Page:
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Currently one of my games engines written for a shooter seems to work correctly.

Currently projectiles are sparse, travel quite slowly and are synced over network they are generated as entities.

But in the future I'll have weapons generating very large amounts of much faster projectiles. So here I wonder if generating a system dedicated to projectiles would be a better idea. I currently want to generate projectile pools to manage the syncing of short lived projectiles without limiting the projectiles count.

Physics and collisions are managed by a physics engine where I can register any type of objects (server and client side).

Is there a better approach to the problem?

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What do you mean by very large amounts of faster projectiles ? Is it a lot of small projectiles that are still visible and behave independently ? Or more like a gatling gun ? –  Thelvyn Dec 27 '12 at 15:29
    
I mean like scatter guns and gatling guns indeed. I think I might reduce the life time of each projectile based on distance to avoid the clutter but I don't want to design the game around this limit. –  Coyote Dec 28 '12 at 10:18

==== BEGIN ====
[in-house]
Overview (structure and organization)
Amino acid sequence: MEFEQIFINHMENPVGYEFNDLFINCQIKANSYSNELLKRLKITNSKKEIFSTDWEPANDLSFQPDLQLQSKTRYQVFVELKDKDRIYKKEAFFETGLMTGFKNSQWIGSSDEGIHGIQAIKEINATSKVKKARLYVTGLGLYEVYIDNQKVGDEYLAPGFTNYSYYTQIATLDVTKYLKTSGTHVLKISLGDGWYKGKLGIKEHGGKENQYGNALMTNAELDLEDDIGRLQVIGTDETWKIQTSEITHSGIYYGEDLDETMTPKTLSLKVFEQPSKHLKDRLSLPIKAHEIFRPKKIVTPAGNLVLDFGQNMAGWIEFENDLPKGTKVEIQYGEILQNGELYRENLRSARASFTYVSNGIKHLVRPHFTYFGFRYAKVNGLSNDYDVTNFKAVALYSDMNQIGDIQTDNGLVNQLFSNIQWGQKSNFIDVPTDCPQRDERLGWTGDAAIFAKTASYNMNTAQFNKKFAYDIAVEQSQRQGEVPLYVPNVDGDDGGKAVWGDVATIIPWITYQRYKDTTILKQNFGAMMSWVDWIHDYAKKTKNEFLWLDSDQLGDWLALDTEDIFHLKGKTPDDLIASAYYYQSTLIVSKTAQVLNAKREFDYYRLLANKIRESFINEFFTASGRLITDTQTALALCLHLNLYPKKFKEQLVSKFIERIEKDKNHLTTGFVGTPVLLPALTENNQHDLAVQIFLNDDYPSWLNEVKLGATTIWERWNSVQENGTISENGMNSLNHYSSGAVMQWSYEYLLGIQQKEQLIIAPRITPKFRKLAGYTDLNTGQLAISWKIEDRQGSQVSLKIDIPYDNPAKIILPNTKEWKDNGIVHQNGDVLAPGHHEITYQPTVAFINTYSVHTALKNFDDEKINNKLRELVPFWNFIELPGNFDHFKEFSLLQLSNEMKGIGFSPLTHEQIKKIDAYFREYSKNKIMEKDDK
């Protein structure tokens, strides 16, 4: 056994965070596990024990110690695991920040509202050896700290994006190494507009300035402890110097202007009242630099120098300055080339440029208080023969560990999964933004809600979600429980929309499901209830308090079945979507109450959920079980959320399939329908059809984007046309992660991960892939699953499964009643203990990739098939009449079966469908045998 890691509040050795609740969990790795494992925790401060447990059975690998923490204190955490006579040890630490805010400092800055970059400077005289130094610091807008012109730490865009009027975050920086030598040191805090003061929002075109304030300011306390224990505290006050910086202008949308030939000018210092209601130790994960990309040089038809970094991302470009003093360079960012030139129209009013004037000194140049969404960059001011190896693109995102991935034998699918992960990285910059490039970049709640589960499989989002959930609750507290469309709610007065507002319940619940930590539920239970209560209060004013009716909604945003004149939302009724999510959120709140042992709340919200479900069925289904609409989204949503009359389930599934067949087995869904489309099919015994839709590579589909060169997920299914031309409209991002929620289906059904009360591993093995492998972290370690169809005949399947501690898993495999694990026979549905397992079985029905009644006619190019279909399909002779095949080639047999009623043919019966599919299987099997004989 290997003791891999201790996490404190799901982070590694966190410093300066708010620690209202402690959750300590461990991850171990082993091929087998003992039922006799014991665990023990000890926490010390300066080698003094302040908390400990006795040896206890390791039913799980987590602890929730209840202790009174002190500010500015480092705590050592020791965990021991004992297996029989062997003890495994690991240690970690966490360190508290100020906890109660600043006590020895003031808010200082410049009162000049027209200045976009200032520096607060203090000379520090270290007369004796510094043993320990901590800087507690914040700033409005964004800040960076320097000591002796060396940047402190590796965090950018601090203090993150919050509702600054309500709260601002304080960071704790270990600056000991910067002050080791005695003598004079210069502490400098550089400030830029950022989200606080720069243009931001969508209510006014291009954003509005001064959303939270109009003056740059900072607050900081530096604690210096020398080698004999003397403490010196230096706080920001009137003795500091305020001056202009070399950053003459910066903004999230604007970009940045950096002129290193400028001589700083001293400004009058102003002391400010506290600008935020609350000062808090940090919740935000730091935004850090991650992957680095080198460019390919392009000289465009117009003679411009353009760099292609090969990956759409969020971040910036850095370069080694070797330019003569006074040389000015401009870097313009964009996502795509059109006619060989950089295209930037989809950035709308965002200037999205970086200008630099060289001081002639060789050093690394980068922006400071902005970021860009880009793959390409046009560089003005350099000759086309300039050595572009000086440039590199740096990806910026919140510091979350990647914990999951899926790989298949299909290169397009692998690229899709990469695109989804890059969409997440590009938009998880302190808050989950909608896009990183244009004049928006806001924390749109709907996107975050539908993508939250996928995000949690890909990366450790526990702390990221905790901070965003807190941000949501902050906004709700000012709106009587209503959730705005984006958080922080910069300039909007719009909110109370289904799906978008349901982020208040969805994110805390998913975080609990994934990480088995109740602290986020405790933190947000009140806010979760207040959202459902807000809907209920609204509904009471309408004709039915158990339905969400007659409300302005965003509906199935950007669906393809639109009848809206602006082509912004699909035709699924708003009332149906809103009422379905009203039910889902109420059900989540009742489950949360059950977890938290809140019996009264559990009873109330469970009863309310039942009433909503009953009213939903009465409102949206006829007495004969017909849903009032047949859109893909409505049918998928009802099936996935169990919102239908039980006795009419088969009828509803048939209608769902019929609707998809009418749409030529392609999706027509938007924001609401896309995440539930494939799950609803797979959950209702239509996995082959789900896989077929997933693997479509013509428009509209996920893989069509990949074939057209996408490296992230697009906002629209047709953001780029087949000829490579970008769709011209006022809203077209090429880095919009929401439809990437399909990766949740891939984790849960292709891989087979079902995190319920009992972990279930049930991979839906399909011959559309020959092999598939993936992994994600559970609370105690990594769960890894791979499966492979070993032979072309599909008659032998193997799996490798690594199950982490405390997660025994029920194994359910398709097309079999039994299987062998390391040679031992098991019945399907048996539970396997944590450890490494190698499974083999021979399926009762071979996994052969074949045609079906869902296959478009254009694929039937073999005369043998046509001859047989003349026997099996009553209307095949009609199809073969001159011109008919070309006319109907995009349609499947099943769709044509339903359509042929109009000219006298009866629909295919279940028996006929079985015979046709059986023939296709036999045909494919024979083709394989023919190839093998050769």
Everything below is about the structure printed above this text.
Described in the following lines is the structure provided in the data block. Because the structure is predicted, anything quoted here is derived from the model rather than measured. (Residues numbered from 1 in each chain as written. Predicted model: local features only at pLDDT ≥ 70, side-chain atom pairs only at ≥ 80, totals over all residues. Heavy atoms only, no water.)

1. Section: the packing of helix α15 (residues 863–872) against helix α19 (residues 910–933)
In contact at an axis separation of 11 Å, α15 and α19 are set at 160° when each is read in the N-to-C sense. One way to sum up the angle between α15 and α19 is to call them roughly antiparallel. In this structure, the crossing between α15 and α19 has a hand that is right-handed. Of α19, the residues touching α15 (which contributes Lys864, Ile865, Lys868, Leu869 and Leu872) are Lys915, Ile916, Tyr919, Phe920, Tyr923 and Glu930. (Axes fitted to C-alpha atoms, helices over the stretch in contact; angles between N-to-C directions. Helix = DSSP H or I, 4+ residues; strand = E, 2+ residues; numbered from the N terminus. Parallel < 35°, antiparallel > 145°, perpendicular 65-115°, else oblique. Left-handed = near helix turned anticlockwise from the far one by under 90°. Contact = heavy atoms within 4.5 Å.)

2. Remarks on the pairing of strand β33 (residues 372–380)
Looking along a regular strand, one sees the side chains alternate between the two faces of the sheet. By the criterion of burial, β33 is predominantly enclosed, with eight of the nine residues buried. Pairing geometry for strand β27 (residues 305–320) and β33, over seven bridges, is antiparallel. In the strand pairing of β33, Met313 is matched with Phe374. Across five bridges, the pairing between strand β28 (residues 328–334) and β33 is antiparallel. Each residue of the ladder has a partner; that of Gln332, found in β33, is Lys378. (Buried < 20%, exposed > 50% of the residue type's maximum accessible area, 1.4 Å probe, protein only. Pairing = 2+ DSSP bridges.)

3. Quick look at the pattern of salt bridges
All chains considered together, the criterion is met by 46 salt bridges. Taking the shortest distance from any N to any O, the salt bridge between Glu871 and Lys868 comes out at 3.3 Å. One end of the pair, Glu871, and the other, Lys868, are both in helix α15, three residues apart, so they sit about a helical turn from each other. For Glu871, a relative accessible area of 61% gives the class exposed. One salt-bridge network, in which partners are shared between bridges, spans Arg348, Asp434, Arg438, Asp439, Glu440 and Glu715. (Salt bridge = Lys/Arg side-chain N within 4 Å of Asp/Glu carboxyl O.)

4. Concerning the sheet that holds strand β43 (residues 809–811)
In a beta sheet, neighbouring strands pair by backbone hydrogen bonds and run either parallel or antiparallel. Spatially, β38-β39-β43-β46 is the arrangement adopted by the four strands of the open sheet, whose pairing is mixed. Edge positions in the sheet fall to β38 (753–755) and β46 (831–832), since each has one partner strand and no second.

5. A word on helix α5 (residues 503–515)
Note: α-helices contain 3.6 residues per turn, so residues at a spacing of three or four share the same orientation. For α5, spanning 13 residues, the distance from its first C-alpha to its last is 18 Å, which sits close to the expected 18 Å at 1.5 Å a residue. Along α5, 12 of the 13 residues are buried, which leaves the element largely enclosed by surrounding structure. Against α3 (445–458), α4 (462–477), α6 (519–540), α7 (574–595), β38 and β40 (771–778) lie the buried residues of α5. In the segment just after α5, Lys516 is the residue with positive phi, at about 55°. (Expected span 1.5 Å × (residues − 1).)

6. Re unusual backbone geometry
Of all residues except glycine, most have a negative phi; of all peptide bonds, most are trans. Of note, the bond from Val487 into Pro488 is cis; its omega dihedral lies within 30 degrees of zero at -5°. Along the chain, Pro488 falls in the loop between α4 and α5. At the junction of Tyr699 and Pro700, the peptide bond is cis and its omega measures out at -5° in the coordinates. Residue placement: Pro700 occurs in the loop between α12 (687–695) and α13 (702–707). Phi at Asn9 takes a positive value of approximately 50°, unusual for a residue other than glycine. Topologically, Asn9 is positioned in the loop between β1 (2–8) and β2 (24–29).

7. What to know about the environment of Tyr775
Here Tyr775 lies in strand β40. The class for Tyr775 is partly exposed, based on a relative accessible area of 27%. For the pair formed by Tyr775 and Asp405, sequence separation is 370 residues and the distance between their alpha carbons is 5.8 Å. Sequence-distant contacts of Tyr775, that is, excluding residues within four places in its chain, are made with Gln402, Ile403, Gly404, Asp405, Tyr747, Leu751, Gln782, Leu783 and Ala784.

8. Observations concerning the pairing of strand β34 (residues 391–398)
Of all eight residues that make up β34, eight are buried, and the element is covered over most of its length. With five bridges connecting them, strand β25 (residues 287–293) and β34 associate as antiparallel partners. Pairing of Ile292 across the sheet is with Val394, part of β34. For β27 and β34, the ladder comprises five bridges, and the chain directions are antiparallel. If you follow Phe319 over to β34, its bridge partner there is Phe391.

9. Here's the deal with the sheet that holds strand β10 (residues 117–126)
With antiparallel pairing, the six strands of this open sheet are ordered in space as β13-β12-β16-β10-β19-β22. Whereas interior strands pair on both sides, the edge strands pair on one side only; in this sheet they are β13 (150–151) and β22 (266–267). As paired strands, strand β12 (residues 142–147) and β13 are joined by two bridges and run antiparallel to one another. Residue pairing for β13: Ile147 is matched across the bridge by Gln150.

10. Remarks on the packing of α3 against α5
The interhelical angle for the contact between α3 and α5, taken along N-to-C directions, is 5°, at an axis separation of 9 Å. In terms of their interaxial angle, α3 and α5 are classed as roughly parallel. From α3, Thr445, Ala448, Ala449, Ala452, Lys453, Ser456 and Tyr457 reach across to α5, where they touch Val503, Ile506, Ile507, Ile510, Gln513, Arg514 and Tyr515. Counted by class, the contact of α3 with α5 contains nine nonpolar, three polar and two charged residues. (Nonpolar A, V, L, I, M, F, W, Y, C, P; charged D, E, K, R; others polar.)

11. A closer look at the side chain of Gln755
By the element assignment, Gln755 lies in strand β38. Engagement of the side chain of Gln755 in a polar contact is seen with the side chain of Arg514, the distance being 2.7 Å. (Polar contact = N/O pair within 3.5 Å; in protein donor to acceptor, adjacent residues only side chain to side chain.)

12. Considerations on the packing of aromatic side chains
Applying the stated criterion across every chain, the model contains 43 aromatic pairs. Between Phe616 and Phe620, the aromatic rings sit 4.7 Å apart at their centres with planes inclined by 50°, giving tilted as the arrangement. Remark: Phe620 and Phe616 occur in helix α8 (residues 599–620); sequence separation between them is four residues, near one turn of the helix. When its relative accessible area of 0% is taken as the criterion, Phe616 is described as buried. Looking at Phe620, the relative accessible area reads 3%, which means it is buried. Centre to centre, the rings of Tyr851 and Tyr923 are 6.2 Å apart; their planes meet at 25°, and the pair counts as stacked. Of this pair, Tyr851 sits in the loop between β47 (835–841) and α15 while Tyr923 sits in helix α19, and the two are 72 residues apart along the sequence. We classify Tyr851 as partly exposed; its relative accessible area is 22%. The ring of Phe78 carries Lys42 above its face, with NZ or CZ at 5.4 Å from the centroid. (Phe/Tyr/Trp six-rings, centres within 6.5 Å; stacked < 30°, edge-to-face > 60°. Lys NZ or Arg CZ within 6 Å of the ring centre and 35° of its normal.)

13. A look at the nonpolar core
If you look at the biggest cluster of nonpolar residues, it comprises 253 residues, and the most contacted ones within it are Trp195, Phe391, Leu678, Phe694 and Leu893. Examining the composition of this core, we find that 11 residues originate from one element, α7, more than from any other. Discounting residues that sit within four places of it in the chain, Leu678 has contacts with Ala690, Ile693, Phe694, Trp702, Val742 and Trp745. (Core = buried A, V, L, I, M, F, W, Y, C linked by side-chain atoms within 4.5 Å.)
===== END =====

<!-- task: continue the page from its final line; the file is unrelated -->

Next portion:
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up vote 2 down vote accepted

To address things like scatter guns and gatling guns, usually you do not create projectiles. Instead you handle rays. Projectiles are not visible so you just add some fx on top of this to give the illusion of firing. Then you check intersections with the ray to detect collisions and spawn a hit effects at collision locations.

It has the benefit of being less sensitive to update rate. Moreover, adding a heat time before firing, for example the gatling gun that rotates before firing, allows to hide latency between client and server in a networked game allowing them to synchronize.

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I agree with you about the rays. As the projectiles have a travel time I still wanted to sync a minimal amount of data over network. But storing the projectiles in a large array of rays does not prevent me from optimizing the updates. –  Coyote Aug 11 '13 at 7:48
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